Key Insight: Court agreed with recommendation of magistrate judge and held costs incurred by a non-party for compliance with an order compelling production are reimbursable. The magistrate judge ordered the Non-Party to submit a cost estimate for reviewing the documents, preparing a privilege log and producing the non-privileged documents. The cost estimate submitted was over $120,000. Defendant then presented a pared down document request and the magistrate judge issued a Modified Subpoena. The Court accepted the magistrate judge?s recommendation and ordered Defendant to pay $14,174.32 for the costs to Non-Party of complying with the Modified Subpoena stating that Defendant ?was the recipient of the fruits of Non-Party[?s] labor.? The Court also agreed with the magistrate judge that non-parties are not protected by the work product doctrine.

Nature of Case: Non-party compensation for document production

Electronic Data Involved: emails and non-electronic documents

Teal v. Jones, No. 2015-CA-00259-COA, 2017 WL 58824 (Miss. Ct. App. Jan. 3, 2017)

Key Insight: Spoliation instructions to jury were erroneous and the case was reversed and remanded for a new trial. No evidence of spoliation was presented at trial and hence spoliation instructions were improper. The Court also went on to discuss the spoliation evidence since it could arise in a new trial. The Court found no spoliation with regard to the deleted emails since Plaintiff?s deletion of emails occurred before she could have anticipated a lawsuit. The Court found that the disposal of Plaintiff?s laptop and sale of her desktop might be spoliation of evidence if there is reason to believe the deleted emails could be recovered from either computer?s hard drive. If Defendant can present evidence that the emails could have been recovered then the court may grant her an instruction on spoliation.

Nature of Case: Alienation of affections

Electronic Data Involved: Emails, hard drives

Agility Pub. Warehousing Co. v. Dep?t of Defense, 14-1064 (JDB), 2017 WL 1214424 (D.D.C. Mar. 30, 2017)

Key Insight: Where Plaintiff sought sanctions for a government agency?s failure to preserve and produce emails in response to a Touhy request (an APA action was eventually filed), court denied Plaintiff?s request to depose the Agency?s attorneys as a way to ?replace? the lost information (thus, according to Plaintiff, avoiding further analysis under Rule 37(e)), reasoning that the rule?s Committee Notes appeared to ?contemplate that the ?replacement? of lost information would come from another electronic source,? and declined to impose the requested sanction under any authority (either Rule 37(e) or the court?s inherent authority) where Plaintiff?s requested sanction was not appropriately targeted to the harm claimed and where no prejudice was established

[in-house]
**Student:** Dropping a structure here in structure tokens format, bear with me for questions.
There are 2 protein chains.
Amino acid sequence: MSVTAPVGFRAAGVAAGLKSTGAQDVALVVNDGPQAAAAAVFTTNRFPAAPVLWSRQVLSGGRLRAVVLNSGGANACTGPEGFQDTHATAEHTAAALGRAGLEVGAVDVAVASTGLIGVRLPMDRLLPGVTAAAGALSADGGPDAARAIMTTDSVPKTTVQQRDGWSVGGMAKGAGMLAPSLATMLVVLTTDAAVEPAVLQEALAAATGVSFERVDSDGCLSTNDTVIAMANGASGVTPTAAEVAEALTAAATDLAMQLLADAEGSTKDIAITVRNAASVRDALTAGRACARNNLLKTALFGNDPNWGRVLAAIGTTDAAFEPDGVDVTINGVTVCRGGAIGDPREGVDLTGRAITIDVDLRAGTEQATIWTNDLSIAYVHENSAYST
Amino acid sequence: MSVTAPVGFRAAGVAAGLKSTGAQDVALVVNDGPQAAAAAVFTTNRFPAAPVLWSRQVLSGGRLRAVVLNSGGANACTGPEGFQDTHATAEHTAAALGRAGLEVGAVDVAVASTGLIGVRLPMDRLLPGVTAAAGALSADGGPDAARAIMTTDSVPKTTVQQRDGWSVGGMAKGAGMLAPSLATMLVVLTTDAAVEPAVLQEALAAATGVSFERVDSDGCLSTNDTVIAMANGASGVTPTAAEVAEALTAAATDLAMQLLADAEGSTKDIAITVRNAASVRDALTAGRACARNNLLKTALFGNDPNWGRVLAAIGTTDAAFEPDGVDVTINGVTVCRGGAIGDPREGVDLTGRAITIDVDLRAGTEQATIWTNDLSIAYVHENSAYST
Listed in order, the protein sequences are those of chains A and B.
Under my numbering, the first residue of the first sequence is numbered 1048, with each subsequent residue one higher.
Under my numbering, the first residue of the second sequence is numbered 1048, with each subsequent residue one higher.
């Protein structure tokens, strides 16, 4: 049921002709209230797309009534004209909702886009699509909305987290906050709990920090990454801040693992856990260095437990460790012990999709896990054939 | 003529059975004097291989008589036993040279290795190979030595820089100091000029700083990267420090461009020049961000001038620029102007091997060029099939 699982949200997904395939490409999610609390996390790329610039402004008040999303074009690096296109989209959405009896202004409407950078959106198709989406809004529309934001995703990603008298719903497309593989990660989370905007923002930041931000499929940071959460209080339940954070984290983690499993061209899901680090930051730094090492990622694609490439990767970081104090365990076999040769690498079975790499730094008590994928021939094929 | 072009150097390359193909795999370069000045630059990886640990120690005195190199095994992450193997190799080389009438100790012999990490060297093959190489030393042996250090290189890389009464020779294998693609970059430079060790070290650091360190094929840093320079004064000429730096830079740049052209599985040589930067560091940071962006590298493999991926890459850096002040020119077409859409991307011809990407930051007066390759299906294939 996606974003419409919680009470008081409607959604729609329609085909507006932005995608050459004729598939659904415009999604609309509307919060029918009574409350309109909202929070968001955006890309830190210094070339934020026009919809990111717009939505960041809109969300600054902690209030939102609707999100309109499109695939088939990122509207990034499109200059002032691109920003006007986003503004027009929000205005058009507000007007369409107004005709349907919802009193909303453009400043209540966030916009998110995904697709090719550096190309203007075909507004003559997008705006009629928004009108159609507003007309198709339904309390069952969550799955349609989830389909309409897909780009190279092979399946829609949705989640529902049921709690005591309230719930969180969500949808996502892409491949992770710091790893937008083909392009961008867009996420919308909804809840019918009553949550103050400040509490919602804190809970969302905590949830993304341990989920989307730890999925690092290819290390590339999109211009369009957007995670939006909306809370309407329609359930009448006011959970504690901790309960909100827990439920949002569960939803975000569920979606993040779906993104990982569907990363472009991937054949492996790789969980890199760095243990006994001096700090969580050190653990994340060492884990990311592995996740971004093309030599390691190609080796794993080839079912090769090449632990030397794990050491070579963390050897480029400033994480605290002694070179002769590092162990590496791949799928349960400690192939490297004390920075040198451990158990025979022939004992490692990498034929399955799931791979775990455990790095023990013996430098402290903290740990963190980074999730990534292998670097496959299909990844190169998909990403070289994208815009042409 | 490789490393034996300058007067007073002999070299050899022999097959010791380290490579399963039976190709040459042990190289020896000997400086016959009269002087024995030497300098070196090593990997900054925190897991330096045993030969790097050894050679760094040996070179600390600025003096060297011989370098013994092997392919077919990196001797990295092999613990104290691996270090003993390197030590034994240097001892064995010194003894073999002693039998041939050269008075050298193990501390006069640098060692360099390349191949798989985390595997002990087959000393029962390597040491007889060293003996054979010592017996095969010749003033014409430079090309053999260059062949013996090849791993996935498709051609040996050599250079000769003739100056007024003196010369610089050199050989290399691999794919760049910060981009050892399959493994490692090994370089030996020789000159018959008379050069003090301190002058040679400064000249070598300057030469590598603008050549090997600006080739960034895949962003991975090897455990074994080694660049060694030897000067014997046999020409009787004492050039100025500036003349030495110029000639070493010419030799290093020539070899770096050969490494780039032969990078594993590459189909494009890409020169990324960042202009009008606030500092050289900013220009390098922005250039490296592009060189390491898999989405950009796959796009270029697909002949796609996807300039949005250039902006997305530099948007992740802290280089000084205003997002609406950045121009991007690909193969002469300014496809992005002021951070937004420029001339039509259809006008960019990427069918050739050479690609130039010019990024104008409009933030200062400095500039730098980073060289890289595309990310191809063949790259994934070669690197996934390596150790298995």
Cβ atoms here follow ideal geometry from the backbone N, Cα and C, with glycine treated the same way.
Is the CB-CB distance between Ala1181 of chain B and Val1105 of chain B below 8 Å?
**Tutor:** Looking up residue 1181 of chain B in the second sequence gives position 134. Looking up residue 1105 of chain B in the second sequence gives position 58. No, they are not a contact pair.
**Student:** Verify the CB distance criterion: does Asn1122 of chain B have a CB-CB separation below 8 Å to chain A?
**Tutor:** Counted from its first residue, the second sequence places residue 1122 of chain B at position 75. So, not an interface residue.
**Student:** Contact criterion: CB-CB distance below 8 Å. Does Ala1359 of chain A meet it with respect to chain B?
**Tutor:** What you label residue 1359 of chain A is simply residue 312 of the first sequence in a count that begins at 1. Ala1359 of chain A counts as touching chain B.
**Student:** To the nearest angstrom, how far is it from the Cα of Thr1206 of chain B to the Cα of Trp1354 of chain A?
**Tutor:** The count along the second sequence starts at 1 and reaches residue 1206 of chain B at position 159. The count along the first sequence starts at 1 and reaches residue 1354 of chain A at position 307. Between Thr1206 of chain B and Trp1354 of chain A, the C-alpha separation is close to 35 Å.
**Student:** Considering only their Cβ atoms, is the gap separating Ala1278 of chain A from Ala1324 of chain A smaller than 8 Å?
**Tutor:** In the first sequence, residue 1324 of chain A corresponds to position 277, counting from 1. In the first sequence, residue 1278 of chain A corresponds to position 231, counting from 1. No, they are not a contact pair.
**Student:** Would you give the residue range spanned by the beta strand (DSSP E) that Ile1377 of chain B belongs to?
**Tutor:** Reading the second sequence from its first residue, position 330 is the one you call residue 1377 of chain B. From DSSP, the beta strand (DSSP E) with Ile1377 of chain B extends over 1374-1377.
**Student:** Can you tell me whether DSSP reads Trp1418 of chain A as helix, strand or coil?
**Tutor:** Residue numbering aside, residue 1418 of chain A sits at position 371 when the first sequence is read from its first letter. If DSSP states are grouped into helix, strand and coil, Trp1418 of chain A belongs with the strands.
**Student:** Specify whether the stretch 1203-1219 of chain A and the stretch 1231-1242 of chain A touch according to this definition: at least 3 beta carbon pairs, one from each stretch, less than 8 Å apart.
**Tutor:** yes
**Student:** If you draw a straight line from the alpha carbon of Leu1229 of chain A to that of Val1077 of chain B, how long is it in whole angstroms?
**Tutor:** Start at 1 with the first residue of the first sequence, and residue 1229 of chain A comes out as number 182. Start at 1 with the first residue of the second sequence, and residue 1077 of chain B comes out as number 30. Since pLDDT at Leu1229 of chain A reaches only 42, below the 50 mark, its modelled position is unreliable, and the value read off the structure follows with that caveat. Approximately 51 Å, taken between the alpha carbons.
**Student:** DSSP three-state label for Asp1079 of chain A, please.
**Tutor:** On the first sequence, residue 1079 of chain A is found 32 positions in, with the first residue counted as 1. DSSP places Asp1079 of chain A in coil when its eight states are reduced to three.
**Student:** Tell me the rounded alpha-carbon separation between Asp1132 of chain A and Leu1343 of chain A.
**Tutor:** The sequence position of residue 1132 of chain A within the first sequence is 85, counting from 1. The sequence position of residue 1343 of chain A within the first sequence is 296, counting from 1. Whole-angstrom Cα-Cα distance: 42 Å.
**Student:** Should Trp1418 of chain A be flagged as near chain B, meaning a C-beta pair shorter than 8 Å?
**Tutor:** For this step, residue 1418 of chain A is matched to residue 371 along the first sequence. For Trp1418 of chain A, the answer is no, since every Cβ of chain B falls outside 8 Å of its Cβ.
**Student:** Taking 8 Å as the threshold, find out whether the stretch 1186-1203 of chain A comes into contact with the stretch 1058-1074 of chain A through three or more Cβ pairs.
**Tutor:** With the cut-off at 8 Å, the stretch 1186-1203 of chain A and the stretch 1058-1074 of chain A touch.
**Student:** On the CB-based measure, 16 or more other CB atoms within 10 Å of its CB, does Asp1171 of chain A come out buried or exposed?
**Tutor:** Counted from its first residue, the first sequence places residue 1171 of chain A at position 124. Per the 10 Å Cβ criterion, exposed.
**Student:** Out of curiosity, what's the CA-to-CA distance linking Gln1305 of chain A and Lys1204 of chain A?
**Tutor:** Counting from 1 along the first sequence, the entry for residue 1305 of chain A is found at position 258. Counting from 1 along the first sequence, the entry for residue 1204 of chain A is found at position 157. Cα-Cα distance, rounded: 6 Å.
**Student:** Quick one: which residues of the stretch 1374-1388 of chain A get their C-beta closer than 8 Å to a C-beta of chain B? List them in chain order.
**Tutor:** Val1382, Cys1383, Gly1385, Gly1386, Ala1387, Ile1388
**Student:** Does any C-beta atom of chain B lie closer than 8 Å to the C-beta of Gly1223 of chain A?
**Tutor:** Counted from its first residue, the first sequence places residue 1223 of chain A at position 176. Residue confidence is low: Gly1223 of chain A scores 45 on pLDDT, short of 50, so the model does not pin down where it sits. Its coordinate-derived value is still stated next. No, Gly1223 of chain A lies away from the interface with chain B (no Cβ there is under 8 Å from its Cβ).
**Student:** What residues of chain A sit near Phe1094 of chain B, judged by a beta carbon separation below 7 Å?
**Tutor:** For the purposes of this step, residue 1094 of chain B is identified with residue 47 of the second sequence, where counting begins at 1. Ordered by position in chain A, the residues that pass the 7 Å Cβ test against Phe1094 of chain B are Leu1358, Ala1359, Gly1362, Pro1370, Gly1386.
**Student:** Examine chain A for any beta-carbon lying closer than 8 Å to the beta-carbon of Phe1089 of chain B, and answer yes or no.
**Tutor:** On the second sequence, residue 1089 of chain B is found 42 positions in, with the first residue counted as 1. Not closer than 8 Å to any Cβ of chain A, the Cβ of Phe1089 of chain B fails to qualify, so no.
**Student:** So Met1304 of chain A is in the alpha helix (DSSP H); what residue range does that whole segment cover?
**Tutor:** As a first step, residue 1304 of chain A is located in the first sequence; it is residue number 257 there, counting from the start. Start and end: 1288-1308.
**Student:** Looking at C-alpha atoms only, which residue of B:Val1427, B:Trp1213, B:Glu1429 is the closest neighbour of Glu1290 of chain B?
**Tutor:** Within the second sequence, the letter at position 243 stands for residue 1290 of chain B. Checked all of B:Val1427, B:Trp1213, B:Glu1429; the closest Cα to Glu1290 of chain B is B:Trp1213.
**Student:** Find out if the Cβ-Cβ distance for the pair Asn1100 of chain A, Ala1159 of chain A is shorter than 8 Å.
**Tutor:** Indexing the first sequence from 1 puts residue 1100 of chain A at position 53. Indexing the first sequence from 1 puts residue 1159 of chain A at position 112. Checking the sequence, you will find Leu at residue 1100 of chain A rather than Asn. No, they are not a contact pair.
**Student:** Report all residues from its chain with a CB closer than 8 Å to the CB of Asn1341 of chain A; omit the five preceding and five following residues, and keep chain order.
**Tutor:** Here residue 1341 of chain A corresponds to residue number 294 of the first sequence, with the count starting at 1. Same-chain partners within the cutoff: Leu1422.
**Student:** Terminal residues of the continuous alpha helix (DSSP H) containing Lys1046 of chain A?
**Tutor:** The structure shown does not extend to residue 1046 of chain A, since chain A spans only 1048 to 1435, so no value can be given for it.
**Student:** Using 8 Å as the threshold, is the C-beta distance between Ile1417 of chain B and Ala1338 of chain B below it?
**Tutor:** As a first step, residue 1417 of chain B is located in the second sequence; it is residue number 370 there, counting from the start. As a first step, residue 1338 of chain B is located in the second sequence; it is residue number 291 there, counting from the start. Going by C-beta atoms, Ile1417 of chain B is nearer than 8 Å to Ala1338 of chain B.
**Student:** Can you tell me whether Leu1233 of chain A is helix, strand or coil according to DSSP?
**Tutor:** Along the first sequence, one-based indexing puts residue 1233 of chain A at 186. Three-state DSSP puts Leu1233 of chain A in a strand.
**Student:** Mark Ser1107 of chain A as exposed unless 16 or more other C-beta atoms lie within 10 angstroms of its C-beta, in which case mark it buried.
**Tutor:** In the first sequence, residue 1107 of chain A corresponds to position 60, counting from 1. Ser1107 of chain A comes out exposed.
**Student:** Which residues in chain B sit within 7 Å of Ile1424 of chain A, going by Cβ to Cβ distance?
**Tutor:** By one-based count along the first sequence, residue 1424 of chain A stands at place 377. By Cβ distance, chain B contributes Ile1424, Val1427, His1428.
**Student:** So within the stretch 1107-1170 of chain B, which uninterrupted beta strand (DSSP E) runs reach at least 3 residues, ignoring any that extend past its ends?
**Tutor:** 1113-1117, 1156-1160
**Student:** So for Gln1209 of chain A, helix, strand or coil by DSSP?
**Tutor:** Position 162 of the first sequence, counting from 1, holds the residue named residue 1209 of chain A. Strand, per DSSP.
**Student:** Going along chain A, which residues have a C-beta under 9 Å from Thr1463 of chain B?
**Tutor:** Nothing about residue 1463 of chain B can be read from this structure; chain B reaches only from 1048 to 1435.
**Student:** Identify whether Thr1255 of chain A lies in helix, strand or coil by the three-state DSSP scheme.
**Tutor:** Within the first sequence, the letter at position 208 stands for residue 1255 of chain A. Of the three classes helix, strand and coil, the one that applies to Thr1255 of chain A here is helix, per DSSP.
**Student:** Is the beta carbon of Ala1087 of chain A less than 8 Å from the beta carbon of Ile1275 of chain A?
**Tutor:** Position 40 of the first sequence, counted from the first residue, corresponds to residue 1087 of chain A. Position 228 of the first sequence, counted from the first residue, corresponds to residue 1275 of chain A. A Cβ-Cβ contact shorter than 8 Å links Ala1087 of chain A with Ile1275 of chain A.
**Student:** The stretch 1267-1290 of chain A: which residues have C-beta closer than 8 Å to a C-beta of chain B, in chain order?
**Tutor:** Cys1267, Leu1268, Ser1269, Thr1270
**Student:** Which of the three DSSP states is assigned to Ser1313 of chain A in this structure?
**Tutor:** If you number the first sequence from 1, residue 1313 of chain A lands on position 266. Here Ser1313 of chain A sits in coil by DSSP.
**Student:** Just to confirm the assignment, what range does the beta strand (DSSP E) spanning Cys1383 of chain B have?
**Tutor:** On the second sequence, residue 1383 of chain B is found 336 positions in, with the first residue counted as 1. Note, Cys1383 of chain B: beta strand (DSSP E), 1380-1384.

Nature of Case: APA Action related to Touhy request

Electronic Data Involved: Email

Brown v. Albertsons, LLC, 2:16-cv-01991-JAD-PAL, 2017 WL 1957571 (D. Nev. May 10, 2017)

Key Insight: In response to Plaintiff?s Motion for Spoliation Sanctions, the Court engaged in an analysis of four types of available sanctions: Evidentiary, Monetary, Dispositive and Adverse Inference Instructions. The Plaintiff argued the Defendant intentionally destroyed evidence in the form of an incident report, a surveillance video and correspondence between Defendant and a third-party claims adjuster. The Court found that information from the incident report and the lost emails with the claims adjuster were available elsewhere and that the loss of the video surveillance was due to a system-wide outage that affected several stores. The Court found no evidence that Defendant acted intentionally or recklessly and denied Plaintiff?s request for Dispositive Sanctions but instead imposed lesser Evidentiary Sanctions by allowing the Plaintiff to introduce evidence that the incident report was lost or destroyed, that the Defendant failed to preserve the third-party communications and that Defendant?s video system failed to record the incident.

Nature of Case: Slip and Fall

Electronic Data Involved: ESI, including video

Zamora v. Stellar Mgmt. Grp., Inc. , 3:16-05028-CV-RK, 2017 WL 1362688 (W.D. Mo., Mar. 11, 2017)

Key Insight: Where Plaintiff in an employment litigation failed to preserve a potentially relevant Facebook post, deleted her work phone before returning it and failed to preserve information contained on numerous other phones (e.g., because they were lost, etc.), court found that ?Plaintiff cannot be relied on to disclose all relevant communications? and granted motion to allow access to the mirror image of a phone belonging to a former employee and co-worker of the plaintiff and to allow defendant to subpoena the former employee to produce a second phone for inspection and ordered production of Plaintiff?s current work phone, to be reviewed by a Special Master for potentially relevant communications, with the cost of the Special Master to be split between the parties ; court found request for dismissal or an adverse inference was premature

Nature of Case: Employment litigation

Electronic Data Involved: ESI from cellular phones, Facebook

Keathley v. Grange Ins. Co. of Mich., 15-cv-11888, 2017 WL 1173767 (E.D.Mich., Mar. 30, 2017)

Key Insight: In this insurance litigation, the district court affirmed an order of the magistrate judge requiring Defendant?s counsel to provide additional information regarding the fate of relevant photographs but, upon review of the declaration submitted, found that it did not adequately address the loss and ordered that a representative of Defendant?s IT personnel be deposed; in concluding that a duty to preserve existed prior to Defendant?s ?final? determination regarding the claim, court reasoned in part that Defendant had asserted attorney client privilege with its outside counsel re: ?coverage issues? prior to its final determination and also noted its decision to require Plaintiff to testify under oath, indicating its skepticism of Plaintiff?s claim, and Defendant?s own request for Plaintiff to submit additional evidence, including any pictures

Nature of Case: Insurance litigation

Electronic Data Involved: Photographs